How It Gets Complicated: Darquesse has been unleashed, she is standing in the way of the other 3 characters, and the whole world honestly. Val can’t have her life back because she may or may not be stuck in a corner of her own mind. Stephanie can’t go back to “her” family because she is basically forced to help Skulduggery Pleasant retrieve Val. Skulduggery Pleasant just never gets his way.

What I Liked: I’m definitely biased when it comes to what I liked about this book, but it was all the loose ends being tied up, the inner struggles the characters go through. Derek Landy did an amazing job of making you fall in love with the characters, and then hate the characters, and then be happy when those characters don’t get their way. He can make a love able villain and a distasteful hero and still make you happy at the end of the book. We go through so many character’s perspectives in this book and it is just a roller coaster that never stops corkscrewing. Mr. Landy does an amazing job of keeping you out of the loop enough, even with all the different perspectives that the ending is such a surprise.

What I Disliked: Landy allowed reprieve for my least favorite character, just as justice was being served, they needed that character for something and justice had to wait.

Recommendation: I would recommend this book to anyone that likes magic, salty skeletons, complex feelings in the characters, snarky, dry humor, zombies that kinda aren’t zombies anymore, action, Ireland, multi dimensional combat, and so much more. Also, there is some swearing and gore, so you’d have to be old enough to handle that.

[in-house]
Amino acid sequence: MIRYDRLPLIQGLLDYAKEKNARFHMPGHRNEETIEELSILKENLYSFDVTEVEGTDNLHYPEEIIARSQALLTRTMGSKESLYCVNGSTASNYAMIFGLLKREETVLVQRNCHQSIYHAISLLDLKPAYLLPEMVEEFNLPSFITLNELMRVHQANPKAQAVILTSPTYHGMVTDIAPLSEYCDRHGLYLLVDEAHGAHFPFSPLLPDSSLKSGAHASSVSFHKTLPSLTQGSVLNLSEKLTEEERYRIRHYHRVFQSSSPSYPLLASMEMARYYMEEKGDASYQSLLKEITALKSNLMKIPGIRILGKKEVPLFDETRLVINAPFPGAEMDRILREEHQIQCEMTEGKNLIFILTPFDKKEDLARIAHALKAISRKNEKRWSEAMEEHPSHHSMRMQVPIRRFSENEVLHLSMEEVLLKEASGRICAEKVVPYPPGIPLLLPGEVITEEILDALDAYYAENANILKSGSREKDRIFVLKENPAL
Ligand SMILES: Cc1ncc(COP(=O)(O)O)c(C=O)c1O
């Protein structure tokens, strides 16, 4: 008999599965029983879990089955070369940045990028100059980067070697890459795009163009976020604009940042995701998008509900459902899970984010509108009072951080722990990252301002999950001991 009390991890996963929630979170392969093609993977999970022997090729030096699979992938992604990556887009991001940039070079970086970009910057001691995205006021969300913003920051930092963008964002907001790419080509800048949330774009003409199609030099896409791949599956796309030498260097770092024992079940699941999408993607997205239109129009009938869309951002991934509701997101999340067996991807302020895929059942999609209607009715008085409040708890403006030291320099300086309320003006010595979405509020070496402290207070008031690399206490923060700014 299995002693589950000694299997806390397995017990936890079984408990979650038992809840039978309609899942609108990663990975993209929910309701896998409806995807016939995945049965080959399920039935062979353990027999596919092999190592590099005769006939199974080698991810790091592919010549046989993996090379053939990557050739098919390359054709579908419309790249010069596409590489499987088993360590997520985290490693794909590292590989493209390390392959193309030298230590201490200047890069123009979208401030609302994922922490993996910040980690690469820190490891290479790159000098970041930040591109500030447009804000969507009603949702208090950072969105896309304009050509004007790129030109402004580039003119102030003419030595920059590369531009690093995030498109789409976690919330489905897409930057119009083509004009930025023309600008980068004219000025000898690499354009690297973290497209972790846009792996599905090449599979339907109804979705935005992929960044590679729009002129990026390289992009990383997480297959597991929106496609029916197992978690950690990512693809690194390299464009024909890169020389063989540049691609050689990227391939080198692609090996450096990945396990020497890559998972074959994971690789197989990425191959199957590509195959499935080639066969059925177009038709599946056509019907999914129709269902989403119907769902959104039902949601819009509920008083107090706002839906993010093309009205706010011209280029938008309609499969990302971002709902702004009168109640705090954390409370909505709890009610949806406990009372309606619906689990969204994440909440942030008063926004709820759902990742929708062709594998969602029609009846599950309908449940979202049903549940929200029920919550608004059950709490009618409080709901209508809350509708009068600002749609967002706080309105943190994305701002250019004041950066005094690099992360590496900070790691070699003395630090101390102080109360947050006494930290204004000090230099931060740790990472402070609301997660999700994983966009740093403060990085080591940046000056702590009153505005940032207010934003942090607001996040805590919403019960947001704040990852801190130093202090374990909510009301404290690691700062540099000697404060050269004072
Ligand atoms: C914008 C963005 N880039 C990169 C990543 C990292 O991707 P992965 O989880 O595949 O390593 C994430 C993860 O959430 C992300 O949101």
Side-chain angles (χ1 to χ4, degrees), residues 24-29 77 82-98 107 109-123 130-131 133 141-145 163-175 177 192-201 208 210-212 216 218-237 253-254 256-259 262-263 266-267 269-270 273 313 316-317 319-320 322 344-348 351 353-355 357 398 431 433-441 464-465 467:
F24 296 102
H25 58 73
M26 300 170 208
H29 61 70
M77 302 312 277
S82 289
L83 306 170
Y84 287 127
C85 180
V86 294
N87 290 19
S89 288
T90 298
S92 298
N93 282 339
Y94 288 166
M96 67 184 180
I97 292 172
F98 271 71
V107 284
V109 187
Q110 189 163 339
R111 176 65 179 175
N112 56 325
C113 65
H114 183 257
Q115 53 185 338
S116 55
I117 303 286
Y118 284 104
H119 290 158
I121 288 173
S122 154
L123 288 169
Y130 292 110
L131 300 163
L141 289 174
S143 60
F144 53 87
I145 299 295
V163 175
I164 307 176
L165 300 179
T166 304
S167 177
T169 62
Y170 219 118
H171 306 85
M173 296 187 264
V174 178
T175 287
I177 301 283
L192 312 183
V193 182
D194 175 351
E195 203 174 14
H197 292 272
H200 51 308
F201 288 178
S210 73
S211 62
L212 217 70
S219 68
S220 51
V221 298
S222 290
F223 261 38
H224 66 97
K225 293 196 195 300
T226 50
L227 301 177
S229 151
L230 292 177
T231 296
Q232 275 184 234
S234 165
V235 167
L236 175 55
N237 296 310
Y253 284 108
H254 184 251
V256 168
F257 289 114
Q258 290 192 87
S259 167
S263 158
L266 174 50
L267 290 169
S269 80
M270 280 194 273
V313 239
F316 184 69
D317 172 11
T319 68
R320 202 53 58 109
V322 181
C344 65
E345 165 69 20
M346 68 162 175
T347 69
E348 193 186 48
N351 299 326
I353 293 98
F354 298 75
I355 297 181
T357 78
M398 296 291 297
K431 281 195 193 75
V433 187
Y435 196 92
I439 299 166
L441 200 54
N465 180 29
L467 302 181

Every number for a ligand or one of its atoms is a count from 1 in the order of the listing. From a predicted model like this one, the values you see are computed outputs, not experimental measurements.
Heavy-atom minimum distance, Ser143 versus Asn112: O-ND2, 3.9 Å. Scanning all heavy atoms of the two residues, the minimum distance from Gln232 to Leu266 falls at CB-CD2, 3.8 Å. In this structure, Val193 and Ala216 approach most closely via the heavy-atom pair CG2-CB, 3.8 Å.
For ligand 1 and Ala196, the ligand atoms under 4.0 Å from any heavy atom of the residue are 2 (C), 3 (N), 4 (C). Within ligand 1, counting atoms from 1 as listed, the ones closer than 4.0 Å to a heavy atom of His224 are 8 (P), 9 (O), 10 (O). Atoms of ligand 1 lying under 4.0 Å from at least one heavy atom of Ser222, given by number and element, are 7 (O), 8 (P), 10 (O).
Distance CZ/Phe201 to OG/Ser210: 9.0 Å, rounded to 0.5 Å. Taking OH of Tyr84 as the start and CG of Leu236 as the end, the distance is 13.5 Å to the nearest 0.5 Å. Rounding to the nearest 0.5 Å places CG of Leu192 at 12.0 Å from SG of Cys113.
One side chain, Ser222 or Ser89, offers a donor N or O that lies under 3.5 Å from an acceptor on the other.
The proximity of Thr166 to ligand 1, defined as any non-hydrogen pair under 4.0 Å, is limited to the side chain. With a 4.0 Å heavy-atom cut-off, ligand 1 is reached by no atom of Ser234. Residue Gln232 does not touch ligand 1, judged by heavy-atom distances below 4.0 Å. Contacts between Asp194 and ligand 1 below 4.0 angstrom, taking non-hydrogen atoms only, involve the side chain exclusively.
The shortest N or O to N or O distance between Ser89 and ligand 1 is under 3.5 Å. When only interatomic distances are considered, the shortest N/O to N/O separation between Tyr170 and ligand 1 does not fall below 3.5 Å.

Word Nerd 1.12

Source: The Strange Case of Dr. Jekyll and Mr. Hyde by Robert Louis Stevenson page 55

Context: The less I understood about this farrago, the less I was in a position to judge of its importance.

In Their Words: a confused mixture; hodgepodge; medley

In My Words: a whole bunch of..

In Pictures:

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Word Nerd 1.10

Source: The Strange Case of Dr. Jekyll and Mr. Hyde by Robert Louis Stevenson page 50

Context: Utterson was amazed to find it a copy of pious work, for which Jekyll had several times expressed a great esteem, annotated, in his  own hand.

In Their Words: having or showing a dutiful spirit of reverence for God or an earnest wish to fulfill religious obligations.

In My Words: religious devotion

In Pictures:

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Do You Remember..

Do any of y’all remember the “Rubbish Bin” poster in the lunchroom last year? That thing be dumb

Word Nerd 1.11

Source: The Strange Case of Dr. Jekyll and Mr. Hyde by Robert Louis Stevenson page 21

Context: A close observer might have gathered that the topic was distasteful; but the doctor carried it off gaily.

In Their Words: with merriment; merrily; joyfully; cheerfully.

In My Words: did something happily

In Pictures: